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Sep 14

Interview With casting director, coach, actress & founder of Sound Advice Kate McClanaghan

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Interview With casting director, coach, actress & founder of Sound Advice Kate McClanahan voice over work1. Tell us a bit about yourself. 

I’m a seasoned casting director, producer, coach, actress and founder of SOUND ADVICE, a unique, one-stop option for unparalleled voice over coaching, and exceptional demo production for all skill and experience levels.

I had been a freelance producer since I was 19 years old, producing commercials for Coca-Cola, McDonald’s, Dodge, JC Penney, FORD, Sprint, SEARS, and Kraft, to name a few. I had always been freelance because I’m a union actress as well. I’ve studied with the Royal Shakespeare in London, and came up through Chicago’s Second City and ImprovOlympic (IO), and even brought 9 shows to the Edinburgh Fringe.

2. What made you start Big House Casting & Audio and Actors’ Sound Advice?

BIG HOUSE came about to service the various casting and production demands that consistently kept coming in the door after I had produced a number of freelance projects for NPR. I was already freelance, I just named it after the enormous, greystone building we worked and lived in, in Chicago.

I started SOUND ADVICE because I couldn’t find a single, reliable source that would take me through the entire process of voiceover training, demo production, branding and marketing the career I was after. There were random people who did pieces, but didn’t have the whole in mind. I wanted a single source that honestly had my best interests in mind, understood my greatest commercial assets (perhaps even better than I did), and could produce my demos well enough to truly advance my career, not just my voiceover!

I began assisting friends, and after coaching and producing more than 100 demos for them and seeing them achieve remarkable results rather quickly, I realized my casting and production skills had a greater purpose!

3. How important is training?

It’s imperative. Without it, regardless of how naturally talented, smart, and mellifluous the voice might be… you’re dealing with a loose cannon. You can’t rely on a talent who doesn’t know their job. Trusting a million-dollar campaign to a complete hack puts everyone’s reputation on the line. And your mettle will be tested. There are no beginner, intermediate and advanced talent in this industry. You’re either a professional… or you’re not. Training defines your professionalism and instills confidence. And commerce is confidence.

4. Any tips for acing an audition?

Instead of trying to second-guess what those auditioning you are thinking, give them something interesting to think about. That’s the job! Besides they honestly aren’t thinking a thing. It’s precisely why you’re there. How would YOU play it?

THINK for yourself! In fact, entertain yourself and you’ll find your audience!

5. How different is voice over acting from acting?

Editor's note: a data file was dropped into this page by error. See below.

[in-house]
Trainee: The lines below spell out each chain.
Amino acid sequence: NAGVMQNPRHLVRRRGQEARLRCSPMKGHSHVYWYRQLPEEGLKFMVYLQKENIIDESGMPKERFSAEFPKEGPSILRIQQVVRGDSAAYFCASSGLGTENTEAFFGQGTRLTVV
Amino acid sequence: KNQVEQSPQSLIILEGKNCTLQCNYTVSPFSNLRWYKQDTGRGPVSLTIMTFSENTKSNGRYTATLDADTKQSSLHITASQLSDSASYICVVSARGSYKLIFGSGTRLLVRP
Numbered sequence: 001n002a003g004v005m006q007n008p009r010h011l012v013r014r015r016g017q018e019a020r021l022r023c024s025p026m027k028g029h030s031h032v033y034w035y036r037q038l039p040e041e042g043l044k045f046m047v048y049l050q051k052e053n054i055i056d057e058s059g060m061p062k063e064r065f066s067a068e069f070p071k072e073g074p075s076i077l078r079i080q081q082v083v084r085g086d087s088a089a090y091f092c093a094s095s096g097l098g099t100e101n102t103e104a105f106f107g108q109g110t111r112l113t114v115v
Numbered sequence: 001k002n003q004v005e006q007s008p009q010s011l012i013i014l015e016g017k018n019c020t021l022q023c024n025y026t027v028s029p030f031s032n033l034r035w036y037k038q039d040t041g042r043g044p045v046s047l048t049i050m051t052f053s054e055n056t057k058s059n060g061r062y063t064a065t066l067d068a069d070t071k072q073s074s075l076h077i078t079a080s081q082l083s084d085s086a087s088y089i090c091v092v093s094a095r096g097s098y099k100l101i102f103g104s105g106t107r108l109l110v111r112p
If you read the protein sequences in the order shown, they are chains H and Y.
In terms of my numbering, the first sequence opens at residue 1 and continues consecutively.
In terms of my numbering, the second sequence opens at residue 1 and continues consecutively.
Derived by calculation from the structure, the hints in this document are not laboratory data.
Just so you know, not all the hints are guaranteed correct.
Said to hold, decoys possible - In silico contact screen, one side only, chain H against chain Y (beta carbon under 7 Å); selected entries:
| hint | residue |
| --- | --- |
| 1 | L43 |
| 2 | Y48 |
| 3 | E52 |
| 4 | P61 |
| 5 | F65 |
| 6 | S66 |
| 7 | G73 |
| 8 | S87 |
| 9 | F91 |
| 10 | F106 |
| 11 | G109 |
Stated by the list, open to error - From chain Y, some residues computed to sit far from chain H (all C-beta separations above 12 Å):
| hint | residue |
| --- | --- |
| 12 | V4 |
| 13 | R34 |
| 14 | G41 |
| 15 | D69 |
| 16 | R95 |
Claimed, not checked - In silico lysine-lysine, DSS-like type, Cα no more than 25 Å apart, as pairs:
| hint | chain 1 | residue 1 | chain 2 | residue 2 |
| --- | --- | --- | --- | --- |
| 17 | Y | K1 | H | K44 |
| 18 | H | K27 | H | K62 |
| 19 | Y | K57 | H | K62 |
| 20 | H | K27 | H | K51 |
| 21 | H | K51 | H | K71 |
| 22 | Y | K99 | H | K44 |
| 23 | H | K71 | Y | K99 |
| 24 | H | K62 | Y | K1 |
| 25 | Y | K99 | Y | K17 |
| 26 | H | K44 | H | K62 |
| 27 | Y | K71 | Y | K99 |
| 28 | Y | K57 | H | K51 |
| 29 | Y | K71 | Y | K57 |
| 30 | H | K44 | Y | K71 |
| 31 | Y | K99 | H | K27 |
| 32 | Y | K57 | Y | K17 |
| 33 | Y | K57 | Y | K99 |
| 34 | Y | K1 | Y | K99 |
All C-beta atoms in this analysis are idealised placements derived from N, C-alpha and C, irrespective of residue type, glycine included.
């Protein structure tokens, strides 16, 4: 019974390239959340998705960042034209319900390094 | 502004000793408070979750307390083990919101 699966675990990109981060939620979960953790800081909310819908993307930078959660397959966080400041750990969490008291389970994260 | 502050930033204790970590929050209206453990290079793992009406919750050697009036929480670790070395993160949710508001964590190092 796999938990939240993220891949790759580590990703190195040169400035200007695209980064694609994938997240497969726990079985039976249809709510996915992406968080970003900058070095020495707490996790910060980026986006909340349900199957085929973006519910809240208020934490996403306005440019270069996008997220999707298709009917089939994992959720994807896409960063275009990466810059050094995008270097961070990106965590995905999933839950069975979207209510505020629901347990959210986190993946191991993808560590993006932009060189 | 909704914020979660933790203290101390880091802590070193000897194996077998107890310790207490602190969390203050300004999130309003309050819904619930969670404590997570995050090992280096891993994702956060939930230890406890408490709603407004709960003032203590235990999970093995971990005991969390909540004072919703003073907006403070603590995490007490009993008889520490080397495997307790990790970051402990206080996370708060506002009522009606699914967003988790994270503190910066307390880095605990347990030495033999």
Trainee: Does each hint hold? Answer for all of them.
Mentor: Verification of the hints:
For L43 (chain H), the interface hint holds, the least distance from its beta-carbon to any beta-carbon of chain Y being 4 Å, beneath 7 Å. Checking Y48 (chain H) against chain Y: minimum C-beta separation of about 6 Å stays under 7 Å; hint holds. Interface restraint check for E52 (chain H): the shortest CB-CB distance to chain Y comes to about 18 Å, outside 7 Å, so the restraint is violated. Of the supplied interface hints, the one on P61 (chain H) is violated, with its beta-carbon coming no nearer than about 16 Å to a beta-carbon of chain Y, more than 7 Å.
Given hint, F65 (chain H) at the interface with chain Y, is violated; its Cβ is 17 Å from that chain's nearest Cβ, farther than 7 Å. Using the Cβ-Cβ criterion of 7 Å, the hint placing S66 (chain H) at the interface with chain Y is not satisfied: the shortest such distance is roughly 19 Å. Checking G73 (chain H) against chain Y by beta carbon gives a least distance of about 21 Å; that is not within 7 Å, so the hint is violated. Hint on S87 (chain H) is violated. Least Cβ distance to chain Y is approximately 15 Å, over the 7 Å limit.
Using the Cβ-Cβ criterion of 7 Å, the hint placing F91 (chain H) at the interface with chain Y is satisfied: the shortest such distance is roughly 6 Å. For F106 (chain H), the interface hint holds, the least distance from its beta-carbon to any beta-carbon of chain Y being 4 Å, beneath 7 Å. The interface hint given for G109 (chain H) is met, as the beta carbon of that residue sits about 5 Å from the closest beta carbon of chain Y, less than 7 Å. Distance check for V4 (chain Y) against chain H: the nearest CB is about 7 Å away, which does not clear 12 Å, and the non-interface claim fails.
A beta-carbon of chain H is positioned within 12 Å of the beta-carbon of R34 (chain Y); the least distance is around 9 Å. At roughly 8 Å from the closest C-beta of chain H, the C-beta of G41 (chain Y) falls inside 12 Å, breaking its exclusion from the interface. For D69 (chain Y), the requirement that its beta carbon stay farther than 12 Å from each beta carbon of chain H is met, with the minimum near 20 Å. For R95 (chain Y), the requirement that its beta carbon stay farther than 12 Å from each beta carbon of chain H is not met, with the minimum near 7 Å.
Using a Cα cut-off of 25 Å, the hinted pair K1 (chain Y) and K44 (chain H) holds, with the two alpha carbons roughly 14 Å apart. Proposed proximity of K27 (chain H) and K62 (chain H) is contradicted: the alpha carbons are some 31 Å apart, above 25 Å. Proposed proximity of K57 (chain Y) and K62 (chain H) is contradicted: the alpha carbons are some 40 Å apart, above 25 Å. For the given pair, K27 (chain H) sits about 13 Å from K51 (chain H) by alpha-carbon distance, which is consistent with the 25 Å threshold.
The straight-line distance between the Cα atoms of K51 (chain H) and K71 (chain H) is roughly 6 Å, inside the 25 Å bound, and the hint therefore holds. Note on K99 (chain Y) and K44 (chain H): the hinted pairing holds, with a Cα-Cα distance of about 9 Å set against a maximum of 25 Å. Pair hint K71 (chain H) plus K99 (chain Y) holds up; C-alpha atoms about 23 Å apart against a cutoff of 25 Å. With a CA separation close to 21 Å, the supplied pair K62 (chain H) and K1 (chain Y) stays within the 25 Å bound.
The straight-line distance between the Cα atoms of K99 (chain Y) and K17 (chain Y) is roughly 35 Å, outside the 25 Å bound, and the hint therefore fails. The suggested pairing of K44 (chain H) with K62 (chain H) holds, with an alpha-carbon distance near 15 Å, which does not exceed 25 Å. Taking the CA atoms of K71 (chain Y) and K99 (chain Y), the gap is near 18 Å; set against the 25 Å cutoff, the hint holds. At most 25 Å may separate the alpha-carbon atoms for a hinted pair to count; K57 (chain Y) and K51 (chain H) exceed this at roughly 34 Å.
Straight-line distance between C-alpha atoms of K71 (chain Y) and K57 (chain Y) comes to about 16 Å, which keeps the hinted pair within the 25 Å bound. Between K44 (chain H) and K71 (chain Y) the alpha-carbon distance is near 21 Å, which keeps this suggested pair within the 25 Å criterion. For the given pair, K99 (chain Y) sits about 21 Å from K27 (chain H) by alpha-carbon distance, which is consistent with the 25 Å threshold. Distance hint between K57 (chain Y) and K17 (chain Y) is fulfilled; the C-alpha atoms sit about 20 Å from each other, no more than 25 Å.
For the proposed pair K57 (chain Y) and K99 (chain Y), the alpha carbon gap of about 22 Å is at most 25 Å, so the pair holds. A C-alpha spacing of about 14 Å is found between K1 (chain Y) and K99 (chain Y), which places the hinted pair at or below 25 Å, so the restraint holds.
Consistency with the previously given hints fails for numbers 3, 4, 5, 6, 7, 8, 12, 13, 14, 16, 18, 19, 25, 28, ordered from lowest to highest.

There is very little, if any difference at all. Acting is acting is acting.

Voice acting is closest to film acting than any other medium, because they both demand a very vivid imagination and the desire to tell a story, often in the most constricting conditions. Personality and the ability to self direct are key attributes as well.

Perhaps the greatest difference is the fact that in nearly all voiceover scenarios, you’re all by your lonesome in the booth with no one to play off but yourself.

6. Tell us about your books.

The SOUND ADVICE Encyclopedia of Voice-over & The Business of Being a Working Talent is currently in its third edition. (There will be a fourth sometime next year.) It’s more than 500 printed pages of well-vetted industry insider information as well as How To Get An Agent, the branding, marketing and promotion of your career, to more than 100 printed pages of terms and phrases commonly used in all manner of acting for recorded media.

7. How do you become a successful voice over actor?

Do your homework. Practice. If you were to honestly dedicate 25 to 30 hours a week, what would be considered part-time for any other business, for a year or more to creating a voiceover career for yourself, then the chances of becoming successful in this field is more likely—provided, of course, you have realistic expectations and you wisely allocate your time.

You need a proper Vocal Warm Up, and maintain it 4 to 5 times a week for a solid half hour to 45 minutes at a time. Granted it may take you a couple weeks to incorporate it into your weekly routine, but without it your vocal precision and stamina won’t be as reliable as it should be.

Check out our website www.voiceoverinfo.com. Study up. Listen to a lot of demos.

Listen to our podcasts then email us. We have talent all over the world. Provided you have a reliable computer and stable Internet service, we can generally work with just about anyone from anywhere—we just don’t invite everyone to do a demo. (Our name is on it too. We don’t produce a demo track in an hour. Nearly every other demo production house does.)

Everything we do as SOUND ADVICE, just like in nearly everything in voiceover, is one-on-one. We don’t cookie-cutter anything. And we offer the best insight because we continually survey the industry as to what’s needed and wanted from talent in every aspect of the industry.